Brexit is damaging British international trade with European Union (EU) countries and the situation may worsen as the pandemic is left behind, transit of goods and passengers returns to normal and new controls are introduced. A report by Parliament’s Accounts Committee (PAC) sharply criticizes the way in which Boris Johnson’s government is handling border traffic and customs controls following the UK’s exit from the EU. Increased checks, red tape, delays, have negatively impacted costs for businesses and reduced trade with the EU.
“New controls imposed on the movement of goods from the UK to the EU have imposed additional costs on businesses and affected the flow of international trade,” says the report, published just hours after Johnson appointed Jacob Rees-Mogg MP as secretary of state ‘for Brexit opportunities’. The parliamentary committee recalls that the Government had promised that leaving the EU would be liberating and allow optimizing productivity for businesses, but the reality is very different. “It is time for the Government to be honest about the problems (of Brexit), instead of promising so much,” says Meg Hillier, chair of the Committee.
Daily queues of goods lorries west of the port of Dover in Kent these days reach 10 kilometers, according to Highways England. Some messages on social networks spoke of queues three times as long at the French port of Calais. In the future the situation may be even more serious. At the moment Brussels applies health and customs controls to products coming from the UK, something that Johnson has instead been extending for the import of products from the EU.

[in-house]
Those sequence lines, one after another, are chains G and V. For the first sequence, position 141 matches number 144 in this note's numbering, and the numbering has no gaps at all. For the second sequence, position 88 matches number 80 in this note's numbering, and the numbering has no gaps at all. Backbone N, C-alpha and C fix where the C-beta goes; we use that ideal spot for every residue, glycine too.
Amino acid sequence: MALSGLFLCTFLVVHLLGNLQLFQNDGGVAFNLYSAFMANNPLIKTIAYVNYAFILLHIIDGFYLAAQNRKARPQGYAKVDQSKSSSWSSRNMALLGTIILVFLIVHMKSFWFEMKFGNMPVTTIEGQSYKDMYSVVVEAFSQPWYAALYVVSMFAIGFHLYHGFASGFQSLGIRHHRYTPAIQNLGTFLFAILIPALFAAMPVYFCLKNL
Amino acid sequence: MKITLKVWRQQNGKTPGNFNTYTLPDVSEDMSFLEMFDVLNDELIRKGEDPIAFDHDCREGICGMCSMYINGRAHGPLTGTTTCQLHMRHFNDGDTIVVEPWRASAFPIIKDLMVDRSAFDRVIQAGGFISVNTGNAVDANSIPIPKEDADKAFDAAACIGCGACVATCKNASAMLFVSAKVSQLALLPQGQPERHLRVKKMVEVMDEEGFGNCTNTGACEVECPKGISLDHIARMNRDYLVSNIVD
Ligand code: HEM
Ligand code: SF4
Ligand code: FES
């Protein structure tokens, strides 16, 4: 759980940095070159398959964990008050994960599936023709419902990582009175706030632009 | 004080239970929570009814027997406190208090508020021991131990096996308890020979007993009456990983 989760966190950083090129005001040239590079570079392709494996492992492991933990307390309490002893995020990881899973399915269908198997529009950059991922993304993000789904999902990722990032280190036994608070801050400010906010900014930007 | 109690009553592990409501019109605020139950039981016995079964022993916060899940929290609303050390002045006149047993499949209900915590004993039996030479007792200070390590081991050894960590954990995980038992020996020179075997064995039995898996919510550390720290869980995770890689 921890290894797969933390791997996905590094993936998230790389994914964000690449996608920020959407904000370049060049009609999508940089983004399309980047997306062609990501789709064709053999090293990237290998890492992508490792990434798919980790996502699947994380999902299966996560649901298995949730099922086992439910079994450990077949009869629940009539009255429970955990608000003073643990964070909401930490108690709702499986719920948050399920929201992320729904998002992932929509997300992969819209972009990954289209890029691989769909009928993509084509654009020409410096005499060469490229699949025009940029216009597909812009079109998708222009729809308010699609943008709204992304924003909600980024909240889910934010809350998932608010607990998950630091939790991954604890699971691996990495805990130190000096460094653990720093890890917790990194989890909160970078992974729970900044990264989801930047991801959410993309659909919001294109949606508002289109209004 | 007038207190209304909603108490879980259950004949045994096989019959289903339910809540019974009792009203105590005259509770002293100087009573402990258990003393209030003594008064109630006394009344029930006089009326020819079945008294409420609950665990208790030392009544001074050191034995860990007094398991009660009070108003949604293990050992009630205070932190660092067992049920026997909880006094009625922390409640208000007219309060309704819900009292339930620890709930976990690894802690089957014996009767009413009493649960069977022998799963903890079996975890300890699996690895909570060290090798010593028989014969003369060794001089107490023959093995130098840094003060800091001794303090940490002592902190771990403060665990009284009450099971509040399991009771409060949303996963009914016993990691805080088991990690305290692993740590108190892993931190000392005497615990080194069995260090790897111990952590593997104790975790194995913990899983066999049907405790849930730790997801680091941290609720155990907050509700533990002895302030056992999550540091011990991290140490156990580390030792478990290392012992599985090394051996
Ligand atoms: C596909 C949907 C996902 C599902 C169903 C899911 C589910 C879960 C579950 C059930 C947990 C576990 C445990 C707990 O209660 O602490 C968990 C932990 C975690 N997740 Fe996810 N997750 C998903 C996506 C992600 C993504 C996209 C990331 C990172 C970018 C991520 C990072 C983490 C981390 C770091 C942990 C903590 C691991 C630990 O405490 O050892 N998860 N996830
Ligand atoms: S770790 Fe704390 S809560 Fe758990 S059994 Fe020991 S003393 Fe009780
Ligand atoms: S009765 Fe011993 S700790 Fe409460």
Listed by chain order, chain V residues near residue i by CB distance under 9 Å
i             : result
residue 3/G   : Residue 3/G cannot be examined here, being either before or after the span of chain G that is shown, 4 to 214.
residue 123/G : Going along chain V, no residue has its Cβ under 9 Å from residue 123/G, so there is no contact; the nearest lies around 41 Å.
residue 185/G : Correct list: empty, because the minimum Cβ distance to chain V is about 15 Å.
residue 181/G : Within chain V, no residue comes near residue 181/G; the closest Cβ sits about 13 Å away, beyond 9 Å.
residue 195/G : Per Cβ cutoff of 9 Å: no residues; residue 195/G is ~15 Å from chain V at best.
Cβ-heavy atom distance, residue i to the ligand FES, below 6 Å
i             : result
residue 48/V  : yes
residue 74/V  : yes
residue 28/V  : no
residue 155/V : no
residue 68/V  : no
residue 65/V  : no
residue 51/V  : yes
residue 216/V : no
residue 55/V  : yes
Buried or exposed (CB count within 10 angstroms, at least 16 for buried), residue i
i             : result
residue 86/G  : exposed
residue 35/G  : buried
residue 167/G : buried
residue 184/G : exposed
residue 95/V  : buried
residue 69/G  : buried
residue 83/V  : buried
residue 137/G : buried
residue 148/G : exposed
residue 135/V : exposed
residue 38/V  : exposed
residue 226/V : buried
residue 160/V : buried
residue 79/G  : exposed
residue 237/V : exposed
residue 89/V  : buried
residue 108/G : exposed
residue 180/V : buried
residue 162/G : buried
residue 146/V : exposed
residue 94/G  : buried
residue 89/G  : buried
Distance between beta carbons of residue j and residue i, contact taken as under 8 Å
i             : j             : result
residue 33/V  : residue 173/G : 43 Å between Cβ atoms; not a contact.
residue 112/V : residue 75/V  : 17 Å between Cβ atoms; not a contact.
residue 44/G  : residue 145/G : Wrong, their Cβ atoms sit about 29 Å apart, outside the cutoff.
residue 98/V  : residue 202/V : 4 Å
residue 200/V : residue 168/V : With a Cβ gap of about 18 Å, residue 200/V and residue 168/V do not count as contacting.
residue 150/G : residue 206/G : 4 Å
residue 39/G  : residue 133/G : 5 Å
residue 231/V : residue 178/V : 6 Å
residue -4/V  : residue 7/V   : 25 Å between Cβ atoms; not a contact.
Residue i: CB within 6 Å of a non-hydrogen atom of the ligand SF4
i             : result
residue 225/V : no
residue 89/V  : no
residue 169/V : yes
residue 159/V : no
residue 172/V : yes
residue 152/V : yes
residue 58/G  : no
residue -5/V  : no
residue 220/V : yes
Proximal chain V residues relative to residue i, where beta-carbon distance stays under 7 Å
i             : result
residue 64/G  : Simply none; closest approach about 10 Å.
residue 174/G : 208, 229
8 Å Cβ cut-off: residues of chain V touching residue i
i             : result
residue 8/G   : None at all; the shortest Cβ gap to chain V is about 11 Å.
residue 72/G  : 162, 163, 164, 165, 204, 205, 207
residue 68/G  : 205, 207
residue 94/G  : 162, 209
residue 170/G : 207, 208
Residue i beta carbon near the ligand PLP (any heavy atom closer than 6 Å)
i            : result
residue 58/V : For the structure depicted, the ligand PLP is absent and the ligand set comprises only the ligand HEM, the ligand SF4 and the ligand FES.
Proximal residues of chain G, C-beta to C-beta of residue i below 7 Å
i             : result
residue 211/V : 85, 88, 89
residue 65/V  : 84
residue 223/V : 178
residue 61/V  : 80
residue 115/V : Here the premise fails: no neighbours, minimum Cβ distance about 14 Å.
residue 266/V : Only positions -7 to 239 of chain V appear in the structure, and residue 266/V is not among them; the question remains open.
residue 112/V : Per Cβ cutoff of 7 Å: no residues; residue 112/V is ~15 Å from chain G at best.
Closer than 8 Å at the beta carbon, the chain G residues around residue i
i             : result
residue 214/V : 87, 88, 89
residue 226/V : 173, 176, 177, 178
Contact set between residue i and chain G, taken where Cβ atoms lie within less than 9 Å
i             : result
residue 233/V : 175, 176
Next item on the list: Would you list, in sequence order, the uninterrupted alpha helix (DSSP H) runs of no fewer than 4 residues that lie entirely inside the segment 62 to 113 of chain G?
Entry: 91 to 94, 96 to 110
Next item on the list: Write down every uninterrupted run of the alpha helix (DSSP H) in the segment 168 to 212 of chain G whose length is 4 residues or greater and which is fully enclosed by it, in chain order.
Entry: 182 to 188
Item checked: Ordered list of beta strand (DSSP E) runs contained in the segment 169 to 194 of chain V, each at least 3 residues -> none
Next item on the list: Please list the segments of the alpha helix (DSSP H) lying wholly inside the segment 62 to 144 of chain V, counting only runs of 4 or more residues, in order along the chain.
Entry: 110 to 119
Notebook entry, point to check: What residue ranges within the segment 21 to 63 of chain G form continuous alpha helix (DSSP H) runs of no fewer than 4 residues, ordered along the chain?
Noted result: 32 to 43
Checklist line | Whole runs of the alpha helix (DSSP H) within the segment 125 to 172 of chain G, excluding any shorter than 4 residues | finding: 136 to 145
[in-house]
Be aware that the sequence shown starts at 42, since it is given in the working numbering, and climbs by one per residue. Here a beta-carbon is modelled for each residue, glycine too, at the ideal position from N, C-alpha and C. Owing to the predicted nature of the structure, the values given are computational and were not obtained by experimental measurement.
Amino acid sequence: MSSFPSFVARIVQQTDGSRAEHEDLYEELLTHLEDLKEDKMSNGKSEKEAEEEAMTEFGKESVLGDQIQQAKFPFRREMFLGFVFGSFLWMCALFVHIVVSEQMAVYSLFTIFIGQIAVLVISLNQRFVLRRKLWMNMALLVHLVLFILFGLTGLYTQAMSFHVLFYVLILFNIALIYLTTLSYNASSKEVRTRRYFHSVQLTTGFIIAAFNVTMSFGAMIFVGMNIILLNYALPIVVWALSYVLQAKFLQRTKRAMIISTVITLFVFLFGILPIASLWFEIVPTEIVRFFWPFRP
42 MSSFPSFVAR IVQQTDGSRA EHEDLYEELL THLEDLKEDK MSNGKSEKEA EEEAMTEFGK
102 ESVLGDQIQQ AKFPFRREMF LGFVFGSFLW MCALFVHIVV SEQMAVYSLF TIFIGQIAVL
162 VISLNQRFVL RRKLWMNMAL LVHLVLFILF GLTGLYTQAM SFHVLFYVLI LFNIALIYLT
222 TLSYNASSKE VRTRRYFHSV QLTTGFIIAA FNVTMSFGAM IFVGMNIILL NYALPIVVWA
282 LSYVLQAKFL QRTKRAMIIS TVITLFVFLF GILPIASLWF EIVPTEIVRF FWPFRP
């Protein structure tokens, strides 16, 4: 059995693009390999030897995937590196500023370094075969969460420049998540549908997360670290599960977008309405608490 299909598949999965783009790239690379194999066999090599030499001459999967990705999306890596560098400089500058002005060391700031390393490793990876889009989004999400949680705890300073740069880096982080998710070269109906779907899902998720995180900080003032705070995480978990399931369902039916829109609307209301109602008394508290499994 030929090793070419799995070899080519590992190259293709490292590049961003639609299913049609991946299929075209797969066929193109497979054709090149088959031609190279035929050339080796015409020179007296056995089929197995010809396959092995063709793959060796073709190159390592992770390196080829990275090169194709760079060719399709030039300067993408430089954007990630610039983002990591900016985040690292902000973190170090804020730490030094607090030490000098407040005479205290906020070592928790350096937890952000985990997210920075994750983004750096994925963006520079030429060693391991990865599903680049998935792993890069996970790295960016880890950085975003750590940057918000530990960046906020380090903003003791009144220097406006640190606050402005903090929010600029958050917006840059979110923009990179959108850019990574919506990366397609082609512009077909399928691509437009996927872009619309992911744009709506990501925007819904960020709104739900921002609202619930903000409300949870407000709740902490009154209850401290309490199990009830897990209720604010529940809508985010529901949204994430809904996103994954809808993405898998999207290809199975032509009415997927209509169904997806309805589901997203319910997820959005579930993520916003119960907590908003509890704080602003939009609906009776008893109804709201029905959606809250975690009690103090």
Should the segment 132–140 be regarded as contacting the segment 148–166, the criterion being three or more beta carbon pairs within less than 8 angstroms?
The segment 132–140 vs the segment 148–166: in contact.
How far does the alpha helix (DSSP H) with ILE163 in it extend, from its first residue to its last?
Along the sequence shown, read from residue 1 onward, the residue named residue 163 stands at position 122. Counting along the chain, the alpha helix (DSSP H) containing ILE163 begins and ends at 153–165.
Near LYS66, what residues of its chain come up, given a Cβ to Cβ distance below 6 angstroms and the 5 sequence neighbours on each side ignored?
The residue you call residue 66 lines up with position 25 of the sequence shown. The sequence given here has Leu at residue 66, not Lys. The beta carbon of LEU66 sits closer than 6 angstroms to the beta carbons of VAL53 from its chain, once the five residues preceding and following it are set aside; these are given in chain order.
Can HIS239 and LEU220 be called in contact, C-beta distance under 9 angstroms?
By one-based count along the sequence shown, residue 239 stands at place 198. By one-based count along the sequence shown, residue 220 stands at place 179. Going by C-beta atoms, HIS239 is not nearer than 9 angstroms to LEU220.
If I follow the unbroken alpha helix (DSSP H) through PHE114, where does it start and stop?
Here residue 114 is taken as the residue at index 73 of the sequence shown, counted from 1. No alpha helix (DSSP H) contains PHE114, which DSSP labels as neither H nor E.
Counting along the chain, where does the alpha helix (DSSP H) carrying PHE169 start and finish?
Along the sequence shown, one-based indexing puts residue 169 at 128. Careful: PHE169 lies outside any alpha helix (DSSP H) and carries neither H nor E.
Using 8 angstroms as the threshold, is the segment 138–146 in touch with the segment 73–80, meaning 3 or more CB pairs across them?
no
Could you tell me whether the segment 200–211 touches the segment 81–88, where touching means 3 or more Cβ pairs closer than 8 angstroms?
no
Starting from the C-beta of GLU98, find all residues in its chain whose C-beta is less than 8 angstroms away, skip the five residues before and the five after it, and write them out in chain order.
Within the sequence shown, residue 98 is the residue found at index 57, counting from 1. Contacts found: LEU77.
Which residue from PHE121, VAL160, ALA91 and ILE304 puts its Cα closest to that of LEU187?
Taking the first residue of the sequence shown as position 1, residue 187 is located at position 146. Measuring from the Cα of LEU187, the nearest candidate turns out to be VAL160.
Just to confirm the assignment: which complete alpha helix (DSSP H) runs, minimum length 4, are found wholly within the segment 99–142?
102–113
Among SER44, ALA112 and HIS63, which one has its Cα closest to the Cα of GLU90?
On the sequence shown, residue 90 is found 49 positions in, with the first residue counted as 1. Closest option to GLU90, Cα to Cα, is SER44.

These strict inspections are due to come into force in September, when a greater movement of visitors is also expected. Ports such as Dover may “grind to a halt” according to Logistics UK, one of the UK’s largest freight forwarding associations.
Its manager, Sarah Laouadi, notes that carriers will need to get out of their vehicles to check their biometric passports, cross port and terminal traffic. “It’s not only going to create security risks. It will also have a severe impact on the time it takes to cross the border, with a cumulative effect on traffic flow on both sides of the Channel,” she told the Financial Times.
The government “should now focus on preparing EU international trade operators and shippers for the import controls that will be imposed throughout 2022” the commission recommends. “Around 15% of businesses, some 90,000, are unfamiliar with international customs formalities as until now they only traded within the EU. We must be sure that when the time comes they know what to do.”